3. There has been surprisingly little push-back and a gratifying amount of appreciation.
  4. Bedside ultrasound is the perfect extension of the physical exam in internal medicine. It brought back my joy in physical diagnosis. We should all be doing it!

 

Have you used ultrasound in your internal medicine practice? Have you gone after ultrasound education after obtaining your degree? How can medical education be modified to encourage the widespread use of ultrasound by future internists? Comment below or let us know on Twitter: @AIUM_Ultrasound.

Janice Boughton, MD, is an internist working as a staff Hospitalist at Gritman Medical center as well as is a locum tenens physician at other northwest hospitals. She also supervises and serves in rural health clinics, and blogs about bedside ultrasound and other issues at http://whyisamericanhealthcaresoexpensive.blogspot.com/?m=1.

The National Ultrasound Interest Group (NUSIG)

The National Ultrasound Interest Group (NUSIG) is a student-led organization founded in 2014 to promote ultrasound in undergraduate medical education. You may know us as the force behind planning national level events like SonoSlam. The bulk of NUSIG’s work, however, is sharing education and leadership resources between Ultrasound Interest Groups (USIGs) across the country. Each of the five regional representatives contact medical schools in their areas to exchange ideas, plan co-sponsored events, and see how NUSIG can assist them in evangelizing ultrasound.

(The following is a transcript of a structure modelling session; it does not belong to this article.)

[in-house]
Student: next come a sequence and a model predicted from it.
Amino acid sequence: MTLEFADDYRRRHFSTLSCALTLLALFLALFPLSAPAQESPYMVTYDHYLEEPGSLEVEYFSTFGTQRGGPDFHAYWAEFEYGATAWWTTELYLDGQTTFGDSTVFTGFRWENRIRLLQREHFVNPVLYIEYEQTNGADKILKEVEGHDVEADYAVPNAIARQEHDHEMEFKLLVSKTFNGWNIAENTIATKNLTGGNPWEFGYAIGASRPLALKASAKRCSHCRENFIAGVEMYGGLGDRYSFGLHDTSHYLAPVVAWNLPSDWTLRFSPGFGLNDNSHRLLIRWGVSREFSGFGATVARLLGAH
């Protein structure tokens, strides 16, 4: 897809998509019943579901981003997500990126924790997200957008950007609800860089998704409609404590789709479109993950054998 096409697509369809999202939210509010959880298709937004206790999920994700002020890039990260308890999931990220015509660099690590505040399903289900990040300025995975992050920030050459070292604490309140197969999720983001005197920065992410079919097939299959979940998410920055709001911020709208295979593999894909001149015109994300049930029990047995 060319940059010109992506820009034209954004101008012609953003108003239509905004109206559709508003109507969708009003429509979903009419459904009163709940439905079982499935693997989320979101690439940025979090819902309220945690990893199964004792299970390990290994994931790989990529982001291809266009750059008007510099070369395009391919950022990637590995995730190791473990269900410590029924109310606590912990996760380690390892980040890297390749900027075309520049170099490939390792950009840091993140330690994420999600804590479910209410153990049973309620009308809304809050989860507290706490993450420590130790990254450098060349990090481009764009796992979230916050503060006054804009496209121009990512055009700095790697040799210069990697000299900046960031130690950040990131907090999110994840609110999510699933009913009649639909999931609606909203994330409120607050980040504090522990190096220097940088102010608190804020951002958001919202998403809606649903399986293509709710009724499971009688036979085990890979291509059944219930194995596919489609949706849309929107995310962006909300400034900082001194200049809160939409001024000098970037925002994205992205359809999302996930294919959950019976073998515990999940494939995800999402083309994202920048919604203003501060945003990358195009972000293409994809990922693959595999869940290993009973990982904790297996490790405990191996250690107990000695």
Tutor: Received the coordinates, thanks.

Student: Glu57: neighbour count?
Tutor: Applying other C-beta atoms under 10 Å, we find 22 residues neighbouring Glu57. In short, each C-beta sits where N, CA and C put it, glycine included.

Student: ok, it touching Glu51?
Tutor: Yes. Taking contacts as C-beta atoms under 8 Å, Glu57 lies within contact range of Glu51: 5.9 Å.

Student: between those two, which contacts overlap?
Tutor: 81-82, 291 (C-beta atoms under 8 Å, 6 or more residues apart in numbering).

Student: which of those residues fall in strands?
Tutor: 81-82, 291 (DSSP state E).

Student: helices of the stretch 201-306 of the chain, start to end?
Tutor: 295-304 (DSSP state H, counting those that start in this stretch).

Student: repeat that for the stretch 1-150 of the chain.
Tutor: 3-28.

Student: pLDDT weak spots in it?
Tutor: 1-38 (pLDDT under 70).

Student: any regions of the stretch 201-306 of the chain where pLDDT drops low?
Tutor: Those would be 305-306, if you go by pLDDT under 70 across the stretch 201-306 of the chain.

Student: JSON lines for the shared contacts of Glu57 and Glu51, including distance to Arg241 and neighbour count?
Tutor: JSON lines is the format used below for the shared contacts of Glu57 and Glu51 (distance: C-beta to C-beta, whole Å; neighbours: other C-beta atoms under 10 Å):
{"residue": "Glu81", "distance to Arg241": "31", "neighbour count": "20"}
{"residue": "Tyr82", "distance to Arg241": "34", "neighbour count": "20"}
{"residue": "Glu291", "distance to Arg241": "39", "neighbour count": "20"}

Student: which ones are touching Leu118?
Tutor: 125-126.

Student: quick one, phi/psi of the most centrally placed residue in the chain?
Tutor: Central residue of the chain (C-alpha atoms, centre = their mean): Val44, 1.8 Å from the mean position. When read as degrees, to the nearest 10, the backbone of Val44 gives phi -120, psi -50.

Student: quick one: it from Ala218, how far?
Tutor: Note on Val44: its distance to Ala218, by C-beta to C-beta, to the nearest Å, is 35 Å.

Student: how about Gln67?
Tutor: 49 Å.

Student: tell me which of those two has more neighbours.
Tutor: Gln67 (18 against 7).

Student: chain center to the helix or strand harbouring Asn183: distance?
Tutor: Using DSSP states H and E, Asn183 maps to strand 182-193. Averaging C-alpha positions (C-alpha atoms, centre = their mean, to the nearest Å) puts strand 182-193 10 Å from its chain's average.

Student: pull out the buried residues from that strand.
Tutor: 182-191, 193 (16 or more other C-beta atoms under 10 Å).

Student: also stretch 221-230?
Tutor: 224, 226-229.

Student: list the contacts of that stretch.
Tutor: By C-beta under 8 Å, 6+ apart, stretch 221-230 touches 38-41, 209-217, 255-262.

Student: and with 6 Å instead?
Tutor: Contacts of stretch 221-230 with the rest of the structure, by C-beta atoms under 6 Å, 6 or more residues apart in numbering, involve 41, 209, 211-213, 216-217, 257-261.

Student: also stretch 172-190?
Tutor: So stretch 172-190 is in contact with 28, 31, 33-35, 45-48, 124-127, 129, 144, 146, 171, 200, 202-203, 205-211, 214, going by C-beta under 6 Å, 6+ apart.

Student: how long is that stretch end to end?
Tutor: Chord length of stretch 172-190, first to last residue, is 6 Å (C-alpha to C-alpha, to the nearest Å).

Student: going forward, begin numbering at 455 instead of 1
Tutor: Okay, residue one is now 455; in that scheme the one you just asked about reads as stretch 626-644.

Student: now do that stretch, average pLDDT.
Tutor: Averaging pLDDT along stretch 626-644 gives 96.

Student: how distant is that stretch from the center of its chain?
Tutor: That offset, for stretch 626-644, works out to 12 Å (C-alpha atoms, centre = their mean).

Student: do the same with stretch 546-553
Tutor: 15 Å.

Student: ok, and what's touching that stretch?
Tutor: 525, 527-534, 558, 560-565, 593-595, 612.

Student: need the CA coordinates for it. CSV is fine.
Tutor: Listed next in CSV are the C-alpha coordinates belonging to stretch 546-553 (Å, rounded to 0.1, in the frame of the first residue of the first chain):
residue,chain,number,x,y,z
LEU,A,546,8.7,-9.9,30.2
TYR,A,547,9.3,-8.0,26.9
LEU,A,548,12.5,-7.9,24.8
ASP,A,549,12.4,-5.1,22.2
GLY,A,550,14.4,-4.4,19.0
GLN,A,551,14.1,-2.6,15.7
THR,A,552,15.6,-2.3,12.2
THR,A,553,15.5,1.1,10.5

SonoSlam_organizers

NUSIG provides everything from information on getting equipment and funding, to original educational content. Our podcast on iTunes (quickly closing on the 1,000 download mark) currently features a journal club series. Each episode is hosted by a different school evaluating an ultrasound-related article.

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Our next series is how to plan an Ultrafest, where we interview schools experienced in putting on these events. Our hope is that these USIGs can learn from each other, and other schools might be inspired to start their own UltraFest once it’s been laid out how. In the future, we aim to collect medical student level ultrasound lectures from across the country and publish them for anyone to view. Our vision is to serve as a central repository for the best medical student educational content available. Lastly, our twitter feed regularly features current ultrasound research articles, and retweets outstanding free open access medical education content.

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If you want to learn more about us or get involved, check out our website at www.nationalusig.com, and follow us on twitter and Facebook @NtlUSIG. You can find us on iTunes by searching for “NUSIG podcast.”

Are you a member of the National Ultrasound Interest Group? Did you attend this year’s SonoSlam? If so, share your thoughts and feedback. Comment below or let us know on Twitter: @AIUM_Ultrasound.